Author: Nino Merebashvili
On January 31st, 2017, the Public Defender of Georgia held that the Ministry of Justice (MOJ) and 11 legal entities of public law (LEPL) operating within its system violated the right of N(N)LE Institute for Development of Freedom of Information (IDFI). According to the Public Defender, the state entities failed to fulfil their legal obligation to disclose public information.
In March 2016, IDFI addressed MOJ and its sub-entities with freedom of information (FOI) letters. IDFI requested disclosure of public information such as salary bonuses and supplements of high ranking public officials and employees, number of civil servants, expenses of business trips, procurement expenditures and etc. Unfortunately, all of the state entities failed to fulfil their obligation and ignored the FOI requests. On October 6th, 2016, IDFI appealed to the Public Defender.
For the purpose of ascertaining the facts of the case, the Public Defender requested information from MOJ and its 11 LEPLs. The Public Defender addressed these entities with a question whether they had responded to IDFI’s FOI requests received in March 2016. Instead of answering this question, 4 LEPLs provided the Public Defender with information that was requested by IDFI in March 2016. The remaining 7 entities - LEPL Public Service Development Agency, LEPL Legislative Herald of Georgia, LEPL Public Service Hall, LEPL National Bureau of Enforcement, LEPL Data Exchange Agency, LEPL The National Archives of Georgia, LEPL Training Center of Justice of Georgia ignored the Public Defender’s letter. This constitutes an administrative violation according to Article 173 of the Code of Administrative Violations of Georgia.
After carefully studying the facts of the case, the Public Defender ascertained that the information requested from MOJ and its 11 sub-entities by IDFI in March 2016 was open public information, meaning that the state entities were obligated to disclose it within the timeframe set by law and in the form requested. In his recommendation the Public Defender emphasizes a number of important points:
- The importance of freedom of information - The positive obligation of a state to ensure free access to information when it does not contain state, professional or commercial secrecy, is emphasized in the recommendation. Free access to information constitutes one of the crucial factors for personal development and self-determination in a society. The recommendation refers to the decision of the Constitutional Court of Georgia, according to which, the existence of an active discussion in a democratic society on topics of public importance is impossible without free access to public information.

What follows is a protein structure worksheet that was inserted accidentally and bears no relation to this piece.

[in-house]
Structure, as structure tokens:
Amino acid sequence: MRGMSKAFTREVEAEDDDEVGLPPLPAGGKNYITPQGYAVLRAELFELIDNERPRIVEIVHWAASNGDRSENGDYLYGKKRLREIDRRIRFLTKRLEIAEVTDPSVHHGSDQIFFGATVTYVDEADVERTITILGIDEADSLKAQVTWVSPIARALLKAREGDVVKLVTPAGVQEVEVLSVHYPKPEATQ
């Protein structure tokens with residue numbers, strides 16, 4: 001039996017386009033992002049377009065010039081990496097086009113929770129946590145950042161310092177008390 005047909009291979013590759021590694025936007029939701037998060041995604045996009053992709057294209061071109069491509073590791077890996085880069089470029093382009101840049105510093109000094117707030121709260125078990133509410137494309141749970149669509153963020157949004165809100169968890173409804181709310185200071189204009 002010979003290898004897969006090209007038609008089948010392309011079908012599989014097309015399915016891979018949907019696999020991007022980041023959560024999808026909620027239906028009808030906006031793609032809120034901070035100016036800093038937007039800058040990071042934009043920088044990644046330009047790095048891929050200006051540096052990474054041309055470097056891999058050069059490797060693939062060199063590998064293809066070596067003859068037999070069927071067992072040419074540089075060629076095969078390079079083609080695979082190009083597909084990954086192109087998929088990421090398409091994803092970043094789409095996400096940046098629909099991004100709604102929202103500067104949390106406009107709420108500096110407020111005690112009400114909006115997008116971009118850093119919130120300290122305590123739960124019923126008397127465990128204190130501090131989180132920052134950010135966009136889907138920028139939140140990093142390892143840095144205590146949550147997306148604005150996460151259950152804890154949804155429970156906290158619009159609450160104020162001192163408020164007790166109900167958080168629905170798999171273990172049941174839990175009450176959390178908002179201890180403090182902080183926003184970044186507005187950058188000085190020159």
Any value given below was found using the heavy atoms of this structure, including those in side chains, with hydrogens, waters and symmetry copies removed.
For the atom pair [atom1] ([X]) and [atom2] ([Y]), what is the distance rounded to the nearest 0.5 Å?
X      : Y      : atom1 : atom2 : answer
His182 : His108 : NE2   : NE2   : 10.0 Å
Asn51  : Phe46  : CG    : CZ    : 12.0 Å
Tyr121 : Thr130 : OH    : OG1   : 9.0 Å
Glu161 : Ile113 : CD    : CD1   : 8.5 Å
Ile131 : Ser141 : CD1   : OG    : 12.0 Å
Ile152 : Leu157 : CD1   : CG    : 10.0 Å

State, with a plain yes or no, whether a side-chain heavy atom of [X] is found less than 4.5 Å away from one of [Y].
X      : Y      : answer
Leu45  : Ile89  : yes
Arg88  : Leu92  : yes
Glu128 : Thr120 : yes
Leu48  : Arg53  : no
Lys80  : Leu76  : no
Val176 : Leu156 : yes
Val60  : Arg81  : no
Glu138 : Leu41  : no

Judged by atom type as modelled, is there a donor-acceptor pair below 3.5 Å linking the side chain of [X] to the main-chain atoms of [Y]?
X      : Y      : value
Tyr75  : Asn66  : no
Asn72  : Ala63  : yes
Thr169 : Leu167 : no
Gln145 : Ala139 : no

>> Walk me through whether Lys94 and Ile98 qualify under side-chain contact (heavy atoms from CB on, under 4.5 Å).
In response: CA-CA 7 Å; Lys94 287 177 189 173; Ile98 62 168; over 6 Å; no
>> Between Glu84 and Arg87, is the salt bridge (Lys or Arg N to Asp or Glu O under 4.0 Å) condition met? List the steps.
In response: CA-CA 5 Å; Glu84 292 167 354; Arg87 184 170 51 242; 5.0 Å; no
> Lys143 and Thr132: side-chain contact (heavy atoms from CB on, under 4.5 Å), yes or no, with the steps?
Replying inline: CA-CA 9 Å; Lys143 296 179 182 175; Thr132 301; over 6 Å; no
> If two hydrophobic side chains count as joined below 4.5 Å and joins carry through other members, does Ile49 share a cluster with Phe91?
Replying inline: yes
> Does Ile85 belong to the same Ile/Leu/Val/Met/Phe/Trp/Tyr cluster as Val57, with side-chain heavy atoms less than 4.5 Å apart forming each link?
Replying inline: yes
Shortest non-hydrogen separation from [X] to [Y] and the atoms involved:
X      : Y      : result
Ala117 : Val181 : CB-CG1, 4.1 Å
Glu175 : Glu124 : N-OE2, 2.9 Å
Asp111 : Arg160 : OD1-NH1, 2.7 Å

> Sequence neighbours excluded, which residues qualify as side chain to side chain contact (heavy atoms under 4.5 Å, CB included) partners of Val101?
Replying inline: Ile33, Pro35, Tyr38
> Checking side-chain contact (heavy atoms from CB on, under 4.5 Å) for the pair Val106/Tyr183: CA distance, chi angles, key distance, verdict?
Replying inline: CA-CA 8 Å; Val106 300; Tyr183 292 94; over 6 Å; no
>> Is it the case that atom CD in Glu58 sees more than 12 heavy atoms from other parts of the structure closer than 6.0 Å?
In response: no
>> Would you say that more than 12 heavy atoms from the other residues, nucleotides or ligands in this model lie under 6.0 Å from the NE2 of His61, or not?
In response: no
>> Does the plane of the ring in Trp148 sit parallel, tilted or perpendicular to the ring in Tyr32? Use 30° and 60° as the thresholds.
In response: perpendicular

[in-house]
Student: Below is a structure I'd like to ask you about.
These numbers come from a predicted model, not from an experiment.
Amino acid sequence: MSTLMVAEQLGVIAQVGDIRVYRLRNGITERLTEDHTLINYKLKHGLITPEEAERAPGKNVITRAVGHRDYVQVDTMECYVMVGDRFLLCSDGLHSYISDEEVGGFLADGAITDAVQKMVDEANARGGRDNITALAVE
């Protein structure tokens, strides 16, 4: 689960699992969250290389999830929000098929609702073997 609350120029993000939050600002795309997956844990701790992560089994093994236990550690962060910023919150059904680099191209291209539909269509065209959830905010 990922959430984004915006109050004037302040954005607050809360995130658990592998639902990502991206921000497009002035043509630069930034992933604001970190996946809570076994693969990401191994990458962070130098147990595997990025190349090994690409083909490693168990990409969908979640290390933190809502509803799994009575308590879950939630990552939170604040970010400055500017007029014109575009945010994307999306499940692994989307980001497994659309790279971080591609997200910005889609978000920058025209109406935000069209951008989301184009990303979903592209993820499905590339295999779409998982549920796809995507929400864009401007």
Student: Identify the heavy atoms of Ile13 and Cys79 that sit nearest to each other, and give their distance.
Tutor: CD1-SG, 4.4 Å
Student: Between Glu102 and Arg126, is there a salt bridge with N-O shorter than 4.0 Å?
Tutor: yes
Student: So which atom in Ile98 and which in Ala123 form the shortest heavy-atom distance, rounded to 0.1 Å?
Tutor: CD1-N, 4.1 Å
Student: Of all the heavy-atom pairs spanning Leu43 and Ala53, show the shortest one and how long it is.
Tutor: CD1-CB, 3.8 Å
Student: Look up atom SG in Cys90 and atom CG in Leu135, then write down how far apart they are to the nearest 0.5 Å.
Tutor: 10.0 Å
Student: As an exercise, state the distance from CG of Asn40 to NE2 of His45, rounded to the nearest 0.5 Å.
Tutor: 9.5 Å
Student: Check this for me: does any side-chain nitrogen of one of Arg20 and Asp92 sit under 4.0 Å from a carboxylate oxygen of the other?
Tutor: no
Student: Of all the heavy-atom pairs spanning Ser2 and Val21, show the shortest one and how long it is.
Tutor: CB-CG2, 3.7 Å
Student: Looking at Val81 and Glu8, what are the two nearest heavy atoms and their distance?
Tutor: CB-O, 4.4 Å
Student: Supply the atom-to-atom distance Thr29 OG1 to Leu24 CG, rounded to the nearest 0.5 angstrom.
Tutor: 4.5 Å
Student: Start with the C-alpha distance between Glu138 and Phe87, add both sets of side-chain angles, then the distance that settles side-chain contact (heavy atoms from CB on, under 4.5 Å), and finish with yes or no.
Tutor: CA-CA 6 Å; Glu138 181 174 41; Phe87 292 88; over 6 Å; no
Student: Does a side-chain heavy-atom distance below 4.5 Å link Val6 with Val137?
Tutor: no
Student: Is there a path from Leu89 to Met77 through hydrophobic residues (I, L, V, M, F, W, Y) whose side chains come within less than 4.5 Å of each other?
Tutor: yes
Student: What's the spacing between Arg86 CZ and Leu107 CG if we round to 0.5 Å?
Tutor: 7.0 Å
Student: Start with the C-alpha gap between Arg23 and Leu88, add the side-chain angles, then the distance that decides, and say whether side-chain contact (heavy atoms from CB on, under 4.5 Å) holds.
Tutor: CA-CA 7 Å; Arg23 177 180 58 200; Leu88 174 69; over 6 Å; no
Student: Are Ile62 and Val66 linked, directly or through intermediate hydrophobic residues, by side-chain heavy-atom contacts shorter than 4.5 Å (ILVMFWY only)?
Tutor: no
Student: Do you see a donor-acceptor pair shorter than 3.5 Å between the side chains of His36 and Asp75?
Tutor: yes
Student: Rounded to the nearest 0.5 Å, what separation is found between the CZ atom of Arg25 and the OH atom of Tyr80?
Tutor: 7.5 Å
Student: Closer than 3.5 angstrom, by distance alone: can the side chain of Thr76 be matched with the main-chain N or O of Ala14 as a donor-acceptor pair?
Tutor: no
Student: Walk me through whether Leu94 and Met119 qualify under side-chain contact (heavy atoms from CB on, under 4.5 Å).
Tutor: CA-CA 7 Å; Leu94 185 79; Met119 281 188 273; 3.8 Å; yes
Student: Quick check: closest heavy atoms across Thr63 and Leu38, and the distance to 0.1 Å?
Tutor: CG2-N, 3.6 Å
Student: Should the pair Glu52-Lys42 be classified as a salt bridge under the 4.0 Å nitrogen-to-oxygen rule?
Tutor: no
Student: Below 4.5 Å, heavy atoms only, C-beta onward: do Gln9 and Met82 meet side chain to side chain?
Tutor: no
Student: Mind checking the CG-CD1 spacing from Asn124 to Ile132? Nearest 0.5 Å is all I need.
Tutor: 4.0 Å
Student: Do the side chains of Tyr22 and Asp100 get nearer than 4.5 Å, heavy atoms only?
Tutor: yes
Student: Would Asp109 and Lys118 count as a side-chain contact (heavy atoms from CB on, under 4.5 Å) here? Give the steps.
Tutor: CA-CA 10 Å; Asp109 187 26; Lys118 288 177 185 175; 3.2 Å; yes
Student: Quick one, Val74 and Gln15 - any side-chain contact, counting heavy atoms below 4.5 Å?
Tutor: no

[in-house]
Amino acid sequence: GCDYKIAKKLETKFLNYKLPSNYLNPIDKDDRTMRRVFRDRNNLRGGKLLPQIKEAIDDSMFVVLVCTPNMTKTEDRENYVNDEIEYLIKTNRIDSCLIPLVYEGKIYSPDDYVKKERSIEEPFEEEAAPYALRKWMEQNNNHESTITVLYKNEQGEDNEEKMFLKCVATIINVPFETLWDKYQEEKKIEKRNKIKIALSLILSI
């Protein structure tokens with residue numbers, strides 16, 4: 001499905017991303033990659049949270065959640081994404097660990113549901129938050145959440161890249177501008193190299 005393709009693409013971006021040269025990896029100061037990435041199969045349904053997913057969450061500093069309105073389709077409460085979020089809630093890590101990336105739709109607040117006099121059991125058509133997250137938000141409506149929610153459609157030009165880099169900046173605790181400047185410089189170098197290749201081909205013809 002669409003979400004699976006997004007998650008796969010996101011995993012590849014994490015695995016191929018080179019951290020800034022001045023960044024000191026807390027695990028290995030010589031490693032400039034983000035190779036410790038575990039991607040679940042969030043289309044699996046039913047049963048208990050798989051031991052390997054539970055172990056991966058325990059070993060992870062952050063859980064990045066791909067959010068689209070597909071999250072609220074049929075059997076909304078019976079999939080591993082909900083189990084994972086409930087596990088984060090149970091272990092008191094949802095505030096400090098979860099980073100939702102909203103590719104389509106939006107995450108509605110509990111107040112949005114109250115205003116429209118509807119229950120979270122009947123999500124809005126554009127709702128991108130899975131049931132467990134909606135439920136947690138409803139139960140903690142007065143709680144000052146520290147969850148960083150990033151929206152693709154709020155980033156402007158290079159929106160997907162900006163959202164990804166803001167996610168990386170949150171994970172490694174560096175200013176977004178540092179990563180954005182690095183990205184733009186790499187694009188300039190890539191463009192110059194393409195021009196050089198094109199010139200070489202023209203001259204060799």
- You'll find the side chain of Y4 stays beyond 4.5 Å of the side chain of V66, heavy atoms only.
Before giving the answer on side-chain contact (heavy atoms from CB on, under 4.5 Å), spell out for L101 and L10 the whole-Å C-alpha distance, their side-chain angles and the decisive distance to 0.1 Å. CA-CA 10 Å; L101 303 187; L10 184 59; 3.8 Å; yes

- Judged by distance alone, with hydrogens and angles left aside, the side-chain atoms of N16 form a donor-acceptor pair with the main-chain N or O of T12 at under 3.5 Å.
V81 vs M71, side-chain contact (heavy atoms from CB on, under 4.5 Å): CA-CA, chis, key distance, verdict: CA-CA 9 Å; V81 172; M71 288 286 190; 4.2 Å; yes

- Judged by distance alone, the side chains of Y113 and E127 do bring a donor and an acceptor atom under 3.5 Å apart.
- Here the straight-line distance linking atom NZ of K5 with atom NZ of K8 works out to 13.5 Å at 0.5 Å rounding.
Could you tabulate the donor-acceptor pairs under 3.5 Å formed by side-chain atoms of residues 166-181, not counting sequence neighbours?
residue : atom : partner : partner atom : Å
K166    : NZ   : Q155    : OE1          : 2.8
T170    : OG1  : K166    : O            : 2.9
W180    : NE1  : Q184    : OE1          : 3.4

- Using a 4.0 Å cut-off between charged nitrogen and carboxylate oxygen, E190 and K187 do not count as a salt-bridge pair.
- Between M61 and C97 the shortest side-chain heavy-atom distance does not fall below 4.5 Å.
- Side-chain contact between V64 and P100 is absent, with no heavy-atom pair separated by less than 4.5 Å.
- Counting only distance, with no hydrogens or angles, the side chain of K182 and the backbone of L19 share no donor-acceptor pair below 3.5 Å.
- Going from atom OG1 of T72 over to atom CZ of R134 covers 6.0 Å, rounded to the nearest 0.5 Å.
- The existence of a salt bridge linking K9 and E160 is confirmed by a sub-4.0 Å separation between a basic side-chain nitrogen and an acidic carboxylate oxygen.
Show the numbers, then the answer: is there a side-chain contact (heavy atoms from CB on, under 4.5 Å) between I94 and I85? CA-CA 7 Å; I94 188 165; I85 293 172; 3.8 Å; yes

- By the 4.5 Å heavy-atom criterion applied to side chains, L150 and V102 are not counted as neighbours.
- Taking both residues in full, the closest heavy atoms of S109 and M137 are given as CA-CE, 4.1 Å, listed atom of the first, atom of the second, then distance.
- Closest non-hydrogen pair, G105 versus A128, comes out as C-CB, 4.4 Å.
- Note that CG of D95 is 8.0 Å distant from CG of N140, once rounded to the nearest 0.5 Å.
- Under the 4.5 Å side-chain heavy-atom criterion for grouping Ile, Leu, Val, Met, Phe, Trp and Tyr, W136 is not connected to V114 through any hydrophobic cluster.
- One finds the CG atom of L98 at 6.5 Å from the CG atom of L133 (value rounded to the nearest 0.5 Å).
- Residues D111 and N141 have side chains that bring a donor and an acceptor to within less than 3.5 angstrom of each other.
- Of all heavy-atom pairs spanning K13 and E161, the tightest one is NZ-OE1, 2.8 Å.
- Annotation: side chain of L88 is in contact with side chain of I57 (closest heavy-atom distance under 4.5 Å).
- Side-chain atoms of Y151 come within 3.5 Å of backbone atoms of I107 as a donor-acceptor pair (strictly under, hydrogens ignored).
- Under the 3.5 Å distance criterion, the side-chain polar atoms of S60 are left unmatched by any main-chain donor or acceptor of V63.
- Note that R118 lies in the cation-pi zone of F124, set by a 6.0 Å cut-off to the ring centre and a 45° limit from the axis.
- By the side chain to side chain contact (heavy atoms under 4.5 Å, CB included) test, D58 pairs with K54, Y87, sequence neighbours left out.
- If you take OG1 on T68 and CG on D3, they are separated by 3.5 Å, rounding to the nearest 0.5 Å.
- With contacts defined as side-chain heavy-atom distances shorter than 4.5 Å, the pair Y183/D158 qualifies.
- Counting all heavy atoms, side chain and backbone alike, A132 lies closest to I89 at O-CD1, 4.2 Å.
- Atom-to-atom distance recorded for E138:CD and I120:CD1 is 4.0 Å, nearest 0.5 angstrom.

- The role of IDFI – When discussing the importance of creating the forum of public debate, the recommendation emphasizes the IDFI’s role, as a non-governmental organization (NGO), is to monitor the state of access to information at public institutions. The Public Defender notes that the work of IDFI supports the existence of well-informed democratic debates in Georgia.
- Indirect censorship and intervention in the role of a social socialwatchdog – The Public Defender’s recommendation also discusses the topic of indirect censorship and refers to the interpretation of the European Court of Human Rights (ECHR), according to which, NGO activities warrant similar Convention protection to that afforded to the press. Hence, creating obstacles to access public information is equalled to indirect censorship. ECHR finds that violating the rights to freely access public information of NGOs working in the sphere of human rights constitutes intervention in their role of civil watchdog.
The Public Defender’s recommendation concludes that MOJ and its 11 LEPLs have violated their obligation to disclose public information that is enshrined in the Georgian legislation. This constitutes a violation of IDFI’s right to access public information. According to Article 21 (b) of the Organic Law of Georgia on Public Defender, the Public Defender addresses MOJ and its sub-entities to provide IDFI with the information requested in March 2016.
The system of the Ministry of Justice and its sub-entities were named as the most closed system of Georgian state entities (Access to Public Information Report 2016). All of the above entities failed to respond to any of IDFI’s FOI requests (346 requests in all), resulting in the score of 0% for providing access to public information.
The Public Defender’s recent statement is further evidence that the problem is of a systematic character. The Ministry of Justice is, without a doubt, one of the pivotal institutions for the purpose of establishing free, democratic and open governance in the country. Therefore, it is particularly problematic that MOJ completely ignores the obligation imposed on it by Georgian legislating and fails to internalize the importance of the free flow of information for the development of a democratic society.
IDFI hopes that MOJ and its sub-entities will fully comply with the obligation imposed on them by law, take into consideration the recommendation of the Public Defender and disclose information requested by IDFI in March 2016 in the nearest future.
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